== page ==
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Volume 9, Number 2—February 2003

Research

Emerging Pattern of Rabies Deaths and Increased Viral Infectivity

Sharon L. Messenger*Comments to Author , Jean S. Smith*, Lillian A. Orciari*, Pamela A. Yager*, and Charles E. Rupprecht*
Author affiliations: *Centers for Disease Control and Prevention, Atlanta, Georgia, USA

Main Article

Figure 1

Phylogenetic tree of bat-associated rabies cases. Taxa represent 208 rabies virus variants from 27 human rabies cases (formalin-fixed taxa removed) and 98 terrestrial mammals infected with a bat rabies virus, 60 bat samples representing 17 species, and 23 terrestrial mammal outgroup taxa. Each circle represents a case (terrestrial mammal = closed circles, human = open circles) associated with the monophyletic clade in the phylogeny to the left. Numbers at tree nodes indicate nonparametric bootst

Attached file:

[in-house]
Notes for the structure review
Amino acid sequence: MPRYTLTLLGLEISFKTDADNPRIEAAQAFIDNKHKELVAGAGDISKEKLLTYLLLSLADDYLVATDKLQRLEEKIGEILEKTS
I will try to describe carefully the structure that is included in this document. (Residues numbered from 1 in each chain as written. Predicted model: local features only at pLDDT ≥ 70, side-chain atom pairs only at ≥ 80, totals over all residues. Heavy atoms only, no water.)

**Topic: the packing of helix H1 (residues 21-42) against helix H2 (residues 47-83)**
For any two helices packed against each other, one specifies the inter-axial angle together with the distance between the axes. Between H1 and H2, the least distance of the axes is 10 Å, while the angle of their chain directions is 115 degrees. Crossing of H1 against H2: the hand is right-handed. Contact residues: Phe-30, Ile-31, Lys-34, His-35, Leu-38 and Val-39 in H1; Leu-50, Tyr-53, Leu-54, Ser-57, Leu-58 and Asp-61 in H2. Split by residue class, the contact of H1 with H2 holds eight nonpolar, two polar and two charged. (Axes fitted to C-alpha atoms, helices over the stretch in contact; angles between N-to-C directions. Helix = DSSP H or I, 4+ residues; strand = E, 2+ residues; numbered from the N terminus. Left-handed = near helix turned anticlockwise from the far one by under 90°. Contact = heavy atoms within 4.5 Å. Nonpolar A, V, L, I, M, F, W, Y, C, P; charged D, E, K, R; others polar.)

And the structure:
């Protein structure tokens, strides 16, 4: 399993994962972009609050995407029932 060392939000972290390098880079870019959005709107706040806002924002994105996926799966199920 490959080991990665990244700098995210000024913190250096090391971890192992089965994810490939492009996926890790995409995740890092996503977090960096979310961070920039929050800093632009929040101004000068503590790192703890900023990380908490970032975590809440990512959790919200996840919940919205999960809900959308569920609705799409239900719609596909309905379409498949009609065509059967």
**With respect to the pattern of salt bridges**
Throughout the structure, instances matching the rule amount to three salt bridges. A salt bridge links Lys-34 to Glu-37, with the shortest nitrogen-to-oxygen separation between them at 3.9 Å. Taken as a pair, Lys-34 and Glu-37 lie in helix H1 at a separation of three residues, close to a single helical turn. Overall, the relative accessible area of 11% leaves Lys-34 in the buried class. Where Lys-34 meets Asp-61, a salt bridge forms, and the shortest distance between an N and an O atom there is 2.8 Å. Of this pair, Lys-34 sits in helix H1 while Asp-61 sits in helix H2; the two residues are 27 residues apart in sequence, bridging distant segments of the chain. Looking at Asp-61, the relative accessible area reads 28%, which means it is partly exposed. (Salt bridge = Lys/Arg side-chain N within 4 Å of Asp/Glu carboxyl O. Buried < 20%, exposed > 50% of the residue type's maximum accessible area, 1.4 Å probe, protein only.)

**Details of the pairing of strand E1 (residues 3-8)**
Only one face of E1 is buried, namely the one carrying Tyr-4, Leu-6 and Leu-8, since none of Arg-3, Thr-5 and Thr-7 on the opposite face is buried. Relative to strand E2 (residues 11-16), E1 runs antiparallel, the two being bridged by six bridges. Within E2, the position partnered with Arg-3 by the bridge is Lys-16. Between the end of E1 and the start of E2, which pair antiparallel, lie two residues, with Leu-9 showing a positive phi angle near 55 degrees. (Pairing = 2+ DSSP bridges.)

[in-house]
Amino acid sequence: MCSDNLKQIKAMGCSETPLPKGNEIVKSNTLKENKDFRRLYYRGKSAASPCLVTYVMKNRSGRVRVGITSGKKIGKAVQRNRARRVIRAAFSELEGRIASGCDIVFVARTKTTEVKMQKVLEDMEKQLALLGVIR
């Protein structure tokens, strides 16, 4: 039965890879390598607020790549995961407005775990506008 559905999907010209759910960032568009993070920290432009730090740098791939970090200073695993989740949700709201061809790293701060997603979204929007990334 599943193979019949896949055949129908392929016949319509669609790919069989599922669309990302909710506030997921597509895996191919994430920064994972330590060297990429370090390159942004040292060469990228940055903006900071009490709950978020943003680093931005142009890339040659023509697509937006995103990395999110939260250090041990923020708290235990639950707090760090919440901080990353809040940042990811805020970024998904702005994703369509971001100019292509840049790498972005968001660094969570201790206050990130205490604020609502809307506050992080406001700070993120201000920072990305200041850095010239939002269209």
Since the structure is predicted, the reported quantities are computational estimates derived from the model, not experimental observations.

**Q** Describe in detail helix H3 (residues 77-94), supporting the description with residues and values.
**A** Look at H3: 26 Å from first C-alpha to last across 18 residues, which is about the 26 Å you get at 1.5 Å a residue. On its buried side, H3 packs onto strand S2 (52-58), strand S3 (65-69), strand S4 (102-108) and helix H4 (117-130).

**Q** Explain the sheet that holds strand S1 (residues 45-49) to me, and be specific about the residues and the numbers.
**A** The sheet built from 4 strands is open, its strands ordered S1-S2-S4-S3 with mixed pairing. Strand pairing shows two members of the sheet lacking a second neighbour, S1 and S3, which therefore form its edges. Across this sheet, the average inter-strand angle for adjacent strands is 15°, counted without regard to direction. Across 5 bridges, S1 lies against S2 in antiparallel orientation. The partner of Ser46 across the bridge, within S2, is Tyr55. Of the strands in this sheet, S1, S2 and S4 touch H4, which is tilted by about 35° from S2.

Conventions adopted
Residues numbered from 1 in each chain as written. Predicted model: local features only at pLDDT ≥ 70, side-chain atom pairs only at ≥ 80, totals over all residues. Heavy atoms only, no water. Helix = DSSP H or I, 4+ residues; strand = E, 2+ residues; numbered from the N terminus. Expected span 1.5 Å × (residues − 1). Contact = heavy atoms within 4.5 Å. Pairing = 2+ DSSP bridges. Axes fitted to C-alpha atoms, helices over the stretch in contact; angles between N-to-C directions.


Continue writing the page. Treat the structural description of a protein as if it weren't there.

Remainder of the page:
Figure 1. Phylogenetic tree of bat-associated rabies cases. Taxa represent 208 rabies virus variants from 27 human rabies cases (formalin-fixed taxa removed) and 98 terrestrial mammals infected with a bat rabies virus, 60 bat samples representing 17 species, and 23 terrestrial mammal outgroup taxa. Each circle represents a case (terrestrial mammal = closed circles, human = open circles) associated with the monophyletic clade in the phylogeny to the left. Numbers at tree nodes indicate nonparametric bootstrap proportions.

Main Article

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